Will Vapers Really Decide the Next President?

Blog: Will Vapers Really Decide the Next President?

If so, who’s the vaping candidate?

Published in Tobacco E-News


Melissa Vonder Haar, Tobacco Editor, CSP
Duncan Hunter

Duncan Hunter, the viral vaping congressman from California.

OAKBROOK TERRACE, Ill. — Last week was filled with all kinds of vaping viral moments, from a vaping congressman to the announcement that vaporizers would be included in this year’s Academy Awards gift bag. But perhaps most notable—at least for this tobacco writer—was Grover Norquist’s bold claim that vapers will play a vital role in the upcoming presidential election.

“I think that the next election, at the presidential level, and a lot of other levels, is going to be determined by the vaping community,” the founder of Americans for Tax Reform said while attending a two-day lobbying event held by Smoke-Free Alternatives Trade Association (SFATA). “Lifestyle issues win because of the power of the political support behind them.”

I have to admit, I was initially skeptical. Sure vapers are passionate—but do they really have the numbers to sway a national election?

Norquist cited a 10 million (and growing) base of vapers. Which actually could represent the difference between victory and defeat: Wikipedia informs me that in 2008, President Obama won the popular vote by 9,550,193 votes; that number dropped to 4,998,296 votes in 2012.

Obviously there’s a lot more at play here: the Electoral College, not the popular vote, actually determines the presidential race and there’s no way to determine how many of those 10 million vapers are “fresh” voters (as in they wouldn’t be voting for a certain candidate regardless of their stance on vaping). I fully acknowledge that.

But still, it’s pretty impressive that the vaping community could feasibly make a difference come November.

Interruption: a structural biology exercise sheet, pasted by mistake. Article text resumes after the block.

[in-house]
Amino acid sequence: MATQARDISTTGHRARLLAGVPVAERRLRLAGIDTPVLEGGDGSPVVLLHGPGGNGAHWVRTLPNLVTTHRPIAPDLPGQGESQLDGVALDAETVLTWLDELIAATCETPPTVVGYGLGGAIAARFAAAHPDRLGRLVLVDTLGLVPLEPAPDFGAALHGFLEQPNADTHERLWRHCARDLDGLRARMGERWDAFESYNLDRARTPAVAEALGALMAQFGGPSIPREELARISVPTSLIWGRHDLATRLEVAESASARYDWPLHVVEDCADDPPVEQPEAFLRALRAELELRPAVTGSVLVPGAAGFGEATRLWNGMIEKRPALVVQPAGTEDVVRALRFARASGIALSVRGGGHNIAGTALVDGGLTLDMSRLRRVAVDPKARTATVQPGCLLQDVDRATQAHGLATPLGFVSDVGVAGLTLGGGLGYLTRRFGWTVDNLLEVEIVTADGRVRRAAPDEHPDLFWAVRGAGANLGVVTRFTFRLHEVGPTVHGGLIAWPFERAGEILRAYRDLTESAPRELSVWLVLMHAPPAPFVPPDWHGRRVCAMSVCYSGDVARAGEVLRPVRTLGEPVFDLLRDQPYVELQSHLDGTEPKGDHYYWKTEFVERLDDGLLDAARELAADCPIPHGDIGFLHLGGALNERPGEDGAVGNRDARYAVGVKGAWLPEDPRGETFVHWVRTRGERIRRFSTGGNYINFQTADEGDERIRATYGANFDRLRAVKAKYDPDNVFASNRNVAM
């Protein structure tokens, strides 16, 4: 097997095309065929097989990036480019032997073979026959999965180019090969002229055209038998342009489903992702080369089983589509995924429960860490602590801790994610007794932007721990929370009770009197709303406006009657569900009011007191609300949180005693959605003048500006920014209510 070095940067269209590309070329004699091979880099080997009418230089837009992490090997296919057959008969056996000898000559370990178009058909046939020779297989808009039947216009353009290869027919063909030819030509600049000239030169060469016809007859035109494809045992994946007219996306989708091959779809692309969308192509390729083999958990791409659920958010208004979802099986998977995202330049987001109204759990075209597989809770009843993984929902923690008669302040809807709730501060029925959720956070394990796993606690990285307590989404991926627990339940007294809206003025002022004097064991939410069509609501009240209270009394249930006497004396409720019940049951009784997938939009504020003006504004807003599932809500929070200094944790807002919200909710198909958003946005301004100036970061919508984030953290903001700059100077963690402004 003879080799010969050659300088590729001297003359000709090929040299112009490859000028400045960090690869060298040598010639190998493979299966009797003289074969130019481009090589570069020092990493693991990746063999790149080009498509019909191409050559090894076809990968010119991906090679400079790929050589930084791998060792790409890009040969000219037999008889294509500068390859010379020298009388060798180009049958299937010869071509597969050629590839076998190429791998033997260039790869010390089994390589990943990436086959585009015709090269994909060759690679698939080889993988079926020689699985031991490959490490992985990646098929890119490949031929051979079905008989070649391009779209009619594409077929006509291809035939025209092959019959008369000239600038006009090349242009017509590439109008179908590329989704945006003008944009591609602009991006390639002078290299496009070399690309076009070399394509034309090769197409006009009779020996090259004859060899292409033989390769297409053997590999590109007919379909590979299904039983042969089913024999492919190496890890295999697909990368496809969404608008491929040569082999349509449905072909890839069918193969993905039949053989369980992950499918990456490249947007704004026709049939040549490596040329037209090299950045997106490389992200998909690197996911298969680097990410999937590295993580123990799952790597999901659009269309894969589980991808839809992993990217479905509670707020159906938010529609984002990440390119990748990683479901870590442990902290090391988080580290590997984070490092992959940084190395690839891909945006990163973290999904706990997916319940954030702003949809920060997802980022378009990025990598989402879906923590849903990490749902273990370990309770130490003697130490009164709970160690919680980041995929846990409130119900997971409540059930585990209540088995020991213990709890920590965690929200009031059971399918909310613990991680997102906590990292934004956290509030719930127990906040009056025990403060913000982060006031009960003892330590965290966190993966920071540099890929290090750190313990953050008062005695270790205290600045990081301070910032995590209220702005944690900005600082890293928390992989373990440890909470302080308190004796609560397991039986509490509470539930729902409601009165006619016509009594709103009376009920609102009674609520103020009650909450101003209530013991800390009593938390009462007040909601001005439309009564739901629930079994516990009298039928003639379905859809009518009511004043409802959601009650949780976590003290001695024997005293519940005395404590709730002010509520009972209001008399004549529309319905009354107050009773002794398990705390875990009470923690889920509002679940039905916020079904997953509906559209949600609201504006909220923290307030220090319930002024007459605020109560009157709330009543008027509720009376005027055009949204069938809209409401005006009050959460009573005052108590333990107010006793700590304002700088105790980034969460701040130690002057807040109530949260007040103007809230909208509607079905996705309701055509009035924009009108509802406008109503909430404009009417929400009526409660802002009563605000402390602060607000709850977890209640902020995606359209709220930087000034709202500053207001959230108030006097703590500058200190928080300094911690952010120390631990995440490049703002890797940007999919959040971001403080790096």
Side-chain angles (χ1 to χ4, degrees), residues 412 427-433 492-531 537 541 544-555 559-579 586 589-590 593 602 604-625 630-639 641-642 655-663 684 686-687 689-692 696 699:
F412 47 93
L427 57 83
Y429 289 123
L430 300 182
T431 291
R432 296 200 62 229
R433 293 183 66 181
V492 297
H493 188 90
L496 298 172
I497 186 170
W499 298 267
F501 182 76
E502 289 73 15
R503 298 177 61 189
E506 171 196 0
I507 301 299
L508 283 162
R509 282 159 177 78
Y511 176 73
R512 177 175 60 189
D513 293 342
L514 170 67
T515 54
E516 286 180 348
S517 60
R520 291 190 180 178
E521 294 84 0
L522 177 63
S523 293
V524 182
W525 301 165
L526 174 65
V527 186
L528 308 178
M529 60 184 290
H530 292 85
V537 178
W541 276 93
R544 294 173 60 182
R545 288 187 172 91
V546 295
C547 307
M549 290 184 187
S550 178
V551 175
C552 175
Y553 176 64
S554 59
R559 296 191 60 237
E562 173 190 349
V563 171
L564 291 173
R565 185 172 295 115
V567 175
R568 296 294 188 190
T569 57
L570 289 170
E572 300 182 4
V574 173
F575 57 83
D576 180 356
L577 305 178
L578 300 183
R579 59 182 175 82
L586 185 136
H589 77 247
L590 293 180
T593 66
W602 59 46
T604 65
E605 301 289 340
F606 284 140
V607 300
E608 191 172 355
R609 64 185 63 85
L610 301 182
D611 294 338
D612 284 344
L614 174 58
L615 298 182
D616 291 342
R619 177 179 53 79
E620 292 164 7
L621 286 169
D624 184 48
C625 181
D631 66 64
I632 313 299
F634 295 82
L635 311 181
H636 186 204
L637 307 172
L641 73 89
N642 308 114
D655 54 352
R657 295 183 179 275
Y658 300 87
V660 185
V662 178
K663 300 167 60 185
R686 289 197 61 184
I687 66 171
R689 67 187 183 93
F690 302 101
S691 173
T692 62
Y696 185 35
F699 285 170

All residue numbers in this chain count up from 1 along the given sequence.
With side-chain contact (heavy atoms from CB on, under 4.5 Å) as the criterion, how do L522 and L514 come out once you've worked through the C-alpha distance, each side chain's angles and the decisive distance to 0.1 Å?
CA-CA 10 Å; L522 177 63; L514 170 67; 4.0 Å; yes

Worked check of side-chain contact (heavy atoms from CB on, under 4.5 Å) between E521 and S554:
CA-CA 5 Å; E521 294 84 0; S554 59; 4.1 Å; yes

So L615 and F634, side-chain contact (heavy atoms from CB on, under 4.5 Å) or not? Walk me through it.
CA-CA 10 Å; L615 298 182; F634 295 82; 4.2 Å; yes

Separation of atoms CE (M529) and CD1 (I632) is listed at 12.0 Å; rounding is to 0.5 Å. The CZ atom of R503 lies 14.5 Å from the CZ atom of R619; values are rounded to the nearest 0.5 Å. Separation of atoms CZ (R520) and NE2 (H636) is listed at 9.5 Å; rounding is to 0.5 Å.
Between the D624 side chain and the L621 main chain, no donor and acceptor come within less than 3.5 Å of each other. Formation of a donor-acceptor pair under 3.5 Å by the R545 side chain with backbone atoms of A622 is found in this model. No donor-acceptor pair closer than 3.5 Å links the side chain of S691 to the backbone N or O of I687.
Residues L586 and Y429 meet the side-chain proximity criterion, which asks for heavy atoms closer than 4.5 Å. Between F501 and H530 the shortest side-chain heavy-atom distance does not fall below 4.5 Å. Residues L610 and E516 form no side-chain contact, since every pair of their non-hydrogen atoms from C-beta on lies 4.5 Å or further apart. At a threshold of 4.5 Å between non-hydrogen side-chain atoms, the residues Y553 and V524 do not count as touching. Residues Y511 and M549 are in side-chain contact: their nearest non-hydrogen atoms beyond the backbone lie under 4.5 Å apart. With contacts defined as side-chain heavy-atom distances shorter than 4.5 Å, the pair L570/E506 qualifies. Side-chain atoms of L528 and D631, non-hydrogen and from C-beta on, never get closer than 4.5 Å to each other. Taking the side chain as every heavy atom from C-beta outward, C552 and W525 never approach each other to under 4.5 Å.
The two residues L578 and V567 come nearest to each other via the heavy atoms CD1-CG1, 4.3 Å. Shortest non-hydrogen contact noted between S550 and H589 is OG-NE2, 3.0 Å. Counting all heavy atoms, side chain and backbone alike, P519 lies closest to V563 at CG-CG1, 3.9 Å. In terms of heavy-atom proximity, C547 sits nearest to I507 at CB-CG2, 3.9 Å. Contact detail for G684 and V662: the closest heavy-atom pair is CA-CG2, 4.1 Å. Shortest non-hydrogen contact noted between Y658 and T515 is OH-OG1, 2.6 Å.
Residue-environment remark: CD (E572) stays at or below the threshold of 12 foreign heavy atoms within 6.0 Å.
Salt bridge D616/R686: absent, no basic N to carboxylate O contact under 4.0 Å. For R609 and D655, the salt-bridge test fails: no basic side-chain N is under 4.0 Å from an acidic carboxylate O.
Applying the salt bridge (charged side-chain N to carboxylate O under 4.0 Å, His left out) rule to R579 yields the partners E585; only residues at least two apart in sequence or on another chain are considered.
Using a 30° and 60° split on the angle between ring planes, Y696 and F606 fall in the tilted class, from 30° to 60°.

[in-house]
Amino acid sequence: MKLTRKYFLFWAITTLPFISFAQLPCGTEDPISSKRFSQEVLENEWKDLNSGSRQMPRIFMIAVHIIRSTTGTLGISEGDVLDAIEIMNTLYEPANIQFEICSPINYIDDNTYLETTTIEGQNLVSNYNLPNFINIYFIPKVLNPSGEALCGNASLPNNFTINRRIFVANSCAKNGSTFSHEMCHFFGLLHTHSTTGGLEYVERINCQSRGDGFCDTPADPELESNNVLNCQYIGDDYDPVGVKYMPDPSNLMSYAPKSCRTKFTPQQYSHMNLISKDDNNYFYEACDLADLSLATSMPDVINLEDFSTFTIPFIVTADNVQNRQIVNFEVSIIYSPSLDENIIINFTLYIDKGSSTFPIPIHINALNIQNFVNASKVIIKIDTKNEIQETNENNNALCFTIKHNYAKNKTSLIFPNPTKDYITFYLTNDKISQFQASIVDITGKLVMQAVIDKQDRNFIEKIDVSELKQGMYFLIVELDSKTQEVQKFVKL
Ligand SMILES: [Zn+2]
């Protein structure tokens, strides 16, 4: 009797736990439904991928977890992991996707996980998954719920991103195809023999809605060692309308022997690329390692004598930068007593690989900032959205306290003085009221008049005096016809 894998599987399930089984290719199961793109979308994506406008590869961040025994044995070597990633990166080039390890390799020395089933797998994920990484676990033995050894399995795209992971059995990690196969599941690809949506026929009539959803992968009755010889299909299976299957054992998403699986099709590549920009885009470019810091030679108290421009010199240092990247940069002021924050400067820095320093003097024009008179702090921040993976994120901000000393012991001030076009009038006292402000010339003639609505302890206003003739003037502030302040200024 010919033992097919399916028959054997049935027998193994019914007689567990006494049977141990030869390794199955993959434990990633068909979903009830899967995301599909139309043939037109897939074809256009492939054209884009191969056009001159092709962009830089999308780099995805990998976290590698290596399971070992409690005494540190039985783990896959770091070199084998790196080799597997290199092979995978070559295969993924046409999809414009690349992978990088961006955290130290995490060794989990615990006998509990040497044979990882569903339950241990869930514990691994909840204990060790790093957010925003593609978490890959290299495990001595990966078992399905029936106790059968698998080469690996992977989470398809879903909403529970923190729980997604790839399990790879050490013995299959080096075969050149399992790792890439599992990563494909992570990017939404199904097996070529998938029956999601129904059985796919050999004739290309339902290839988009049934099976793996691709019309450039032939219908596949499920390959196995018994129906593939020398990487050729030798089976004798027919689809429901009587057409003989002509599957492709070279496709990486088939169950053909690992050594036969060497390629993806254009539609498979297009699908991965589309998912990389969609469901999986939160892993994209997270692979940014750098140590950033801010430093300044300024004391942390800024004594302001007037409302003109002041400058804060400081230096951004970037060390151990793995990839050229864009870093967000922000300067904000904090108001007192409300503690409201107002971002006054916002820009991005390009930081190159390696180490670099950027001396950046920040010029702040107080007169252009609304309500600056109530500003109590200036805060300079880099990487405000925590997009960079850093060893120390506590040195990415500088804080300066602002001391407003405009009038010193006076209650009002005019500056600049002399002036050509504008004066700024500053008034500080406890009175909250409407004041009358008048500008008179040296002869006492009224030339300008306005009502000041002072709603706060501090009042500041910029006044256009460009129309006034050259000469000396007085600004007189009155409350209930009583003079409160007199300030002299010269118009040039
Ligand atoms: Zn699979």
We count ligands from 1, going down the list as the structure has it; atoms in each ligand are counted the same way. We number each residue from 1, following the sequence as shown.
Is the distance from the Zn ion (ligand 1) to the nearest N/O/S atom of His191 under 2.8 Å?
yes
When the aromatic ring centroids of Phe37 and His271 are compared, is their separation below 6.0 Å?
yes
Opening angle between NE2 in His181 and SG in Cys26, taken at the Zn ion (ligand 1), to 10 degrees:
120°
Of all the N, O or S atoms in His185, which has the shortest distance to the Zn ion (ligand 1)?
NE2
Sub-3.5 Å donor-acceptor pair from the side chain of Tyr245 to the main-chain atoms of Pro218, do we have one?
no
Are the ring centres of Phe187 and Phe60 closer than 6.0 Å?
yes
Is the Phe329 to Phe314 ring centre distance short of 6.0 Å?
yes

Which brings me to my second question: Who’s the “vaping candidate”?

SFATA executive director Cynthia Cabrera seemed to indicate the Republican candidate—whomever it may be—is the clear choice. She told the Washington Examiner that vapers are so politically engaged because of Democratic threats to tax, regulate and maybe even ban the vaping segment.

“This is a viable alternative that needs to be promoted,” she said, citing the irony that Democrats support marijuana use and sales but frown on tobacco-free vaping.

Now I’m admittedly a liberal New Yorker, but I’m not sure I agree. To date, vaping has not been brought up at any of the Republican or Democratic debates; perhaps one (or more) of the candidates has an official position on vaping, but if so, I haven’t been able to find it via Google.

Yes, Republicans have historically been more on the “side” of tobacco companies when it comes to regulations—but that’s hardly a steadfast rule (hello Michael Bloomberg, who is the one clear “anti-vaping candidate” should he decide to enter the race).

As I go through the still insanely large list of candidates on both sides, I’m not sure there’s much evidence one way or another. I’m sure I could make a case, but I fear it would be based on my own feelings about any particular candidate. That is unless Duncan Hunter, that viral vaping congressman from California, throws his hat into the ring.

Ultimately, I fear Norquist is kind of right and kind of wrong: The vaping community could sway a presidential election, but they need a truly pro-vaping candidate to get behind. Which probably won’t happen in this election cycle. Although if any of the candidates are reading this article, in which case, please reach out, I’d love to hear your thoughts on vaping!

Melissa Vonder Haar, author of the Smokes & Mirrors blog, is senior editor/tobacco coordinator of CSP magazine. Contact her at mvonderhaar@winsightmedia.com.


#1 Kev on 02.23.16 at 3:48 AM

Really you think this is a viable measurement?

#2 Gary on 03.01.16 at 2:08 AM

That is highly unlikely since there is way too much hot air.

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